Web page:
Sunday, September 25, 2011

A New Kind of Alphabet Book: D

D is for Drain Sponge and Developmental Delays

Drain sponges are often used around the trach and the g-tube to soak up the excess moisture and gunk.  They are split so that they fit around it and stay put, which is rather convenient.  We never really used them around the trach because we didn't need to, but we did keep them around Abby's g-tube for a while until our GI said to just let the site breathe.  There's some argument as to the advantages and disadvantages of the drain sponges, but we don't use them too much.

Unfortunately, developmental delays are very common when you have a young child with a trach--especially if he or she is vented.  The inconvenience of the tubing makes it difficult to do tummy time, which is so important during those early months!  For Abby, she was also kept on her back for the majority of the first three months of her life while she was hospitalized, so that didn't help things either.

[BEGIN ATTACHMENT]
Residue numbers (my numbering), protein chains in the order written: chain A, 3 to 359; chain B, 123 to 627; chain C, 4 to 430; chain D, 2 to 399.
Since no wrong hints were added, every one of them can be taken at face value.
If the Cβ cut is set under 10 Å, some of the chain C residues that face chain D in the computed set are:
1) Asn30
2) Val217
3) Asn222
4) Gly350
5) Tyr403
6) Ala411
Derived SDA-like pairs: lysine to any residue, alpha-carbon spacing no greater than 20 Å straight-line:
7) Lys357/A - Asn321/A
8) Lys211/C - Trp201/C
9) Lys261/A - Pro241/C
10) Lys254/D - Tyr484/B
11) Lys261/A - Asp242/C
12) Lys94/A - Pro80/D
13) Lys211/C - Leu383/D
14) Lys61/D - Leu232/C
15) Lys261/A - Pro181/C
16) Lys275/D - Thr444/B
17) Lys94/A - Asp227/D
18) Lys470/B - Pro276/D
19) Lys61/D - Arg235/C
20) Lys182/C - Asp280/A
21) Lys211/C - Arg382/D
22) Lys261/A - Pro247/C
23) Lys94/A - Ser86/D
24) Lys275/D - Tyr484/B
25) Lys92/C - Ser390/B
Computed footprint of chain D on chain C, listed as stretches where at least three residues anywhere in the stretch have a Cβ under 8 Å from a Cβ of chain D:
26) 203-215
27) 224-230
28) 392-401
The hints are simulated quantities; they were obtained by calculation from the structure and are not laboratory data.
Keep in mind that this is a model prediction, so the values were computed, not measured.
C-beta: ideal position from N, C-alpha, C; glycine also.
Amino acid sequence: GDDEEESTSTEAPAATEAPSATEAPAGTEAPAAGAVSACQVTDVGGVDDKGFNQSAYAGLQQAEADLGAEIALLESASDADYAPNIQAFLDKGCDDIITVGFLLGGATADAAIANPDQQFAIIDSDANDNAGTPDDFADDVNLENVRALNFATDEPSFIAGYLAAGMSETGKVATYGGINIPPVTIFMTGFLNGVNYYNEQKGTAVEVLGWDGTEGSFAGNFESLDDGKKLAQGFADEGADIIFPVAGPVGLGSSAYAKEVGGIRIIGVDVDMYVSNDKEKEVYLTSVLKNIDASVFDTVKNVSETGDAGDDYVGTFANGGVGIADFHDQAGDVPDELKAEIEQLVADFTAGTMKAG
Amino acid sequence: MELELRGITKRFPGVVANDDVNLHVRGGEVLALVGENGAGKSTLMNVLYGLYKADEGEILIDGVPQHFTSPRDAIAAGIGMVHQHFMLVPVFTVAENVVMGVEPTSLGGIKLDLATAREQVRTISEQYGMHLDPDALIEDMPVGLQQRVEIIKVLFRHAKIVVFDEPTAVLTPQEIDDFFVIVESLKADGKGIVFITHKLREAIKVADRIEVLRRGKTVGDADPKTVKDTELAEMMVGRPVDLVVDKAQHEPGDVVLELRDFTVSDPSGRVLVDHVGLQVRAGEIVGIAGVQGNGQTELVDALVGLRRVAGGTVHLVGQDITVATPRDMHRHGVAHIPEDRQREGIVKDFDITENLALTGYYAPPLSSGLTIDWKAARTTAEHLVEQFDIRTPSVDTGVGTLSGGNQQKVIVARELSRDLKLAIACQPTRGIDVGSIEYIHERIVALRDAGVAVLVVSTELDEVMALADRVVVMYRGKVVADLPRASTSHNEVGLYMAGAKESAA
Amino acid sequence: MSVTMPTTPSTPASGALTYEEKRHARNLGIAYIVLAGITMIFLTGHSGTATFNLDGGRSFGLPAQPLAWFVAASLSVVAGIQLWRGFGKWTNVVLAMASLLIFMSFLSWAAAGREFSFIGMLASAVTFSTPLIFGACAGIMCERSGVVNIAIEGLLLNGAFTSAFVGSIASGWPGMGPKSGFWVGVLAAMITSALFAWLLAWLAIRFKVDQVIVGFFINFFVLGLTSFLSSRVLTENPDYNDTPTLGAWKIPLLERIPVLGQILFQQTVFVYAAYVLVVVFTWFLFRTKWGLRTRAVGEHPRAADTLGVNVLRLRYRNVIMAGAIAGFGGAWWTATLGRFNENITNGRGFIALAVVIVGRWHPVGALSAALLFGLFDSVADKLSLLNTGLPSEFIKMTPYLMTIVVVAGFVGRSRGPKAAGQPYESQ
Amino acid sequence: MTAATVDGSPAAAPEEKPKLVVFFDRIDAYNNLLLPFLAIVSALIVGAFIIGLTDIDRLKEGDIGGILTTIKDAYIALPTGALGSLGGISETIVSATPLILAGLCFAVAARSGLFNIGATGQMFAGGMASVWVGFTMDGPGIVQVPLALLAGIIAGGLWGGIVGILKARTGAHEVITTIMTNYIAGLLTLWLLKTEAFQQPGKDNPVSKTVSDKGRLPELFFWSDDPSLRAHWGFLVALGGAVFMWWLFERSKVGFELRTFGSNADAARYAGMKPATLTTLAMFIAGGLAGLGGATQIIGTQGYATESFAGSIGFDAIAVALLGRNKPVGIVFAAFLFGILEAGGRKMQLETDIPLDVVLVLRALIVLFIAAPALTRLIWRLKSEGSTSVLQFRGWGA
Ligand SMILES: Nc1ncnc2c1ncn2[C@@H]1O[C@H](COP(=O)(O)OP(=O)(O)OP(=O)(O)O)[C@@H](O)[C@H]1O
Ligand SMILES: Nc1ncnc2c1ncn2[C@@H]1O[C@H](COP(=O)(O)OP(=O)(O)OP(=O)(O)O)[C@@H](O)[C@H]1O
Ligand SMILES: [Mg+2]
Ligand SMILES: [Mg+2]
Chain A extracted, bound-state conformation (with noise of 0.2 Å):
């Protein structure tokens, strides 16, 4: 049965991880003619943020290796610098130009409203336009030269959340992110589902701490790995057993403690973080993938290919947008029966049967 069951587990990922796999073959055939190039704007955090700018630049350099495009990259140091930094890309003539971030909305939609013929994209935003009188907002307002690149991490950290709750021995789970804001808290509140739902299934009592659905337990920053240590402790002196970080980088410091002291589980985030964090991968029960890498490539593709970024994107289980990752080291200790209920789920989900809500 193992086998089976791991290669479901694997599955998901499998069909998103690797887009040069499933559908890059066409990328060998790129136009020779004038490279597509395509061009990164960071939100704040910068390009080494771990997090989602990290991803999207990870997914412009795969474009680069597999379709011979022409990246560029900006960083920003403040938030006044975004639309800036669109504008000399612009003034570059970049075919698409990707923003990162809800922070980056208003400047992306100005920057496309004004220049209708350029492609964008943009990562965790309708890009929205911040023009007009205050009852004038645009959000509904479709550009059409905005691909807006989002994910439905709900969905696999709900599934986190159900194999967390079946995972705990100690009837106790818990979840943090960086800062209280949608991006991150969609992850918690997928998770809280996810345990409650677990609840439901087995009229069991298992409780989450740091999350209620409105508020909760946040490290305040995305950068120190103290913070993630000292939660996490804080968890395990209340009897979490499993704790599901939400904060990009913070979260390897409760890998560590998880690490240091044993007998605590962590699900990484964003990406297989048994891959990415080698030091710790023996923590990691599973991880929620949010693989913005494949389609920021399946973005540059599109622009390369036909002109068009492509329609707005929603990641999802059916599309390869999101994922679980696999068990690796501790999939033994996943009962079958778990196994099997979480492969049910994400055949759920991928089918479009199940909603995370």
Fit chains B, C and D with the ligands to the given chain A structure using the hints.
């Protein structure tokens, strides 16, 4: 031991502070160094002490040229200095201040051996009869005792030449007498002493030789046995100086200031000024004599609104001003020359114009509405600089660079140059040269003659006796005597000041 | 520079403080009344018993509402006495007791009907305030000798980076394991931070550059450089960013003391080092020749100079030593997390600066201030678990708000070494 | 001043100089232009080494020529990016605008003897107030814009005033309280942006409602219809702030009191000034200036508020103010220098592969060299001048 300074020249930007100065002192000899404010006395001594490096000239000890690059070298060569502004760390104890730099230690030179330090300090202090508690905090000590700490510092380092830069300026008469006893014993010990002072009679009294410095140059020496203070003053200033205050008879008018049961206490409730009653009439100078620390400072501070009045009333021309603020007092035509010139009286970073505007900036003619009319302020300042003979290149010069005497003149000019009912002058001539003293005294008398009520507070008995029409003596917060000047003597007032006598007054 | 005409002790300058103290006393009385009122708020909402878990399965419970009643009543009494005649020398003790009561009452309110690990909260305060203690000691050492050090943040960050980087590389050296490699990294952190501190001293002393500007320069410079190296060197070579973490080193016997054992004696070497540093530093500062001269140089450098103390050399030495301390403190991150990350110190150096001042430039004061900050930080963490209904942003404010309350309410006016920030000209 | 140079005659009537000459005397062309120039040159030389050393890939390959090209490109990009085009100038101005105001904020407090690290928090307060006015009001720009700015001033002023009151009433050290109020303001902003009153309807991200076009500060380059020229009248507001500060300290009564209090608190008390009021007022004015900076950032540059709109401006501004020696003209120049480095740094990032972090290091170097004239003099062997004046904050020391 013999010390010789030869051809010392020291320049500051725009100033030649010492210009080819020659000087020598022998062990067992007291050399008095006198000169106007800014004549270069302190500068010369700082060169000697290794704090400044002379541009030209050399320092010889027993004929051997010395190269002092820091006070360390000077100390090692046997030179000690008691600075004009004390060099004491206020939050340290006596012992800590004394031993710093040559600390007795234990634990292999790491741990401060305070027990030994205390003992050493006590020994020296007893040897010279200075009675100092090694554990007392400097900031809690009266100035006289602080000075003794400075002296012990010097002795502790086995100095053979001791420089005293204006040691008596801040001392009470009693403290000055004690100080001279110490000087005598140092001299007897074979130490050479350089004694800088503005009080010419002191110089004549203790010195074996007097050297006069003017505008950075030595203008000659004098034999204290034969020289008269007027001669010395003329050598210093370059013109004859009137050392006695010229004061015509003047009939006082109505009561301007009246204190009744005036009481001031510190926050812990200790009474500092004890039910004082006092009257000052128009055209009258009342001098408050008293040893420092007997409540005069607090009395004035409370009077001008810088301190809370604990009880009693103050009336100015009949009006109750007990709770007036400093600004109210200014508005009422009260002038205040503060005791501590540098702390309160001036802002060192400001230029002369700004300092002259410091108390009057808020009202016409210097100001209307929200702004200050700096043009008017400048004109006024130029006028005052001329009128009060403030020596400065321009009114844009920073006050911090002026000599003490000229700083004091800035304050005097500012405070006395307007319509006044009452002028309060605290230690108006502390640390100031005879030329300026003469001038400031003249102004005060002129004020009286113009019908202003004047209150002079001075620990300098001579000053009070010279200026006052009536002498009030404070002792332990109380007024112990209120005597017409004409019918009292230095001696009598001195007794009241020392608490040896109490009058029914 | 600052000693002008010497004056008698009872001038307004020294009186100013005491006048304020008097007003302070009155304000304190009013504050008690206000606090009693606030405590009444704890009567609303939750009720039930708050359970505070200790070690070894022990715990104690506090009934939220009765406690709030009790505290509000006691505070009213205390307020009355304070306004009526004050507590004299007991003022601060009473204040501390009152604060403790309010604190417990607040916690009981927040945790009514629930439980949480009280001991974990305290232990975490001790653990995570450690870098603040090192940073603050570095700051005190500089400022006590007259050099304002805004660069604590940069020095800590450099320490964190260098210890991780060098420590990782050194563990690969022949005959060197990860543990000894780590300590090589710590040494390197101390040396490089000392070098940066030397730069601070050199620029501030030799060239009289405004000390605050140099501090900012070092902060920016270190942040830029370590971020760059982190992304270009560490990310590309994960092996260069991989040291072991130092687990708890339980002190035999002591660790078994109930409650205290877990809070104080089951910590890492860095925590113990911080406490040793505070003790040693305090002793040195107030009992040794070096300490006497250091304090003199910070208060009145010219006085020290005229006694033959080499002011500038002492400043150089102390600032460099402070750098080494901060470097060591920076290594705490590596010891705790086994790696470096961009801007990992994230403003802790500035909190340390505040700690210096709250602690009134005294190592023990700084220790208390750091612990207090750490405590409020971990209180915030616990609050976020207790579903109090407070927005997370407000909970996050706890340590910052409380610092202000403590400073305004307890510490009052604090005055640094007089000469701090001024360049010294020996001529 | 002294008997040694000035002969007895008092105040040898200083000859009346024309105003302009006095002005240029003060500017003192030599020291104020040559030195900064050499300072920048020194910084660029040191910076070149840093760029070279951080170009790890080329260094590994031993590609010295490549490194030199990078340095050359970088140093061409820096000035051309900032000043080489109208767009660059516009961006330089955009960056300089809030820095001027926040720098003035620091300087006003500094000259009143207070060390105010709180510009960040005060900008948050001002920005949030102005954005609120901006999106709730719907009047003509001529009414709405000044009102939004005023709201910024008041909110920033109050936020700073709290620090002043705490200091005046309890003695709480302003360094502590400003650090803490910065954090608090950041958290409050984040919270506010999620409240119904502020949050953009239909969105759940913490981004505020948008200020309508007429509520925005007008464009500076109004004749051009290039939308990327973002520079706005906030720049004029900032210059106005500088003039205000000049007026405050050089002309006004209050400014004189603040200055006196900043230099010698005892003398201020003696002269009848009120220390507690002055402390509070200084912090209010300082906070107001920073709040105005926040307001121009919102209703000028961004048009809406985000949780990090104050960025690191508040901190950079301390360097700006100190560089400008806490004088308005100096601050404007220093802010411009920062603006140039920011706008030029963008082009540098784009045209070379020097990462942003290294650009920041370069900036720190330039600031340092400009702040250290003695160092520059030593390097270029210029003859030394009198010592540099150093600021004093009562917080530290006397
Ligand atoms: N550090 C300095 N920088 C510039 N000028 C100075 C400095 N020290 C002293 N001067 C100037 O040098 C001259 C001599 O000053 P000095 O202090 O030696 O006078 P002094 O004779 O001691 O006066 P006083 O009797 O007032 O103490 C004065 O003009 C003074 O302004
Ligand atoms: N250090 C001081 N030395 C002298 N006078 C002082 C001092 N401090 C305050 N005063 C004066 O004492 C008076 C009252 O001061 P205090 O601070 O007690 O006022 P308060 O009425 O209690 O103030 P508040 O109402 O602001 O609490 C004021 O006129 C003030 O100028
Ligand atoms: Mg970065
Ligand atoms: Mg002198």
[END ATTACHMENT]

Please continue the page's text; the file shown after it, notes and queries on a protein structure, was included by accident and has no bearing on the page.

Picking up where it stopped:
Speech therapy is also extremely important, as pretty much every trach kid is going to need extra help with that.  Kids who have a g-tube will also need non-nutritive stimulation, which is when you massage the cheeks and stimulate the inside of the mouth to get everything working.  If you don't start that early, the child may develop a food aversion later on from lack of oral stimuation....which is no fun at all!

With kids who may have developmental delays, early intervention is the key!!!  The sooner your child is identified and begins therapy, the smaller the gap will be.  Don't wait to see whether your child will catch up.  Get him or her identified and let the therapist be the one to make that judgement call.  Early on in the hospital, I fought long and hard to get Abby the therapy she has.  I think that has made all of the difference in her progress.  I started range of motion exercises with her as soon as she recovered from her tracheostomy, and we've just worked our way up from there.  I'm so thankful for the therapists who took the time to teach me how to work with Abby.  I'm pretty sure the doctors just agreed to the therapy to shut me up.  It worked.  :)

We are now working with Infants and Toddlers, which is an early intervention department in the county, and they have been fabulous.  Both of our therapists have been so helpful and accommodating.  We can tell that they have high expectations of Abby and really care about her.

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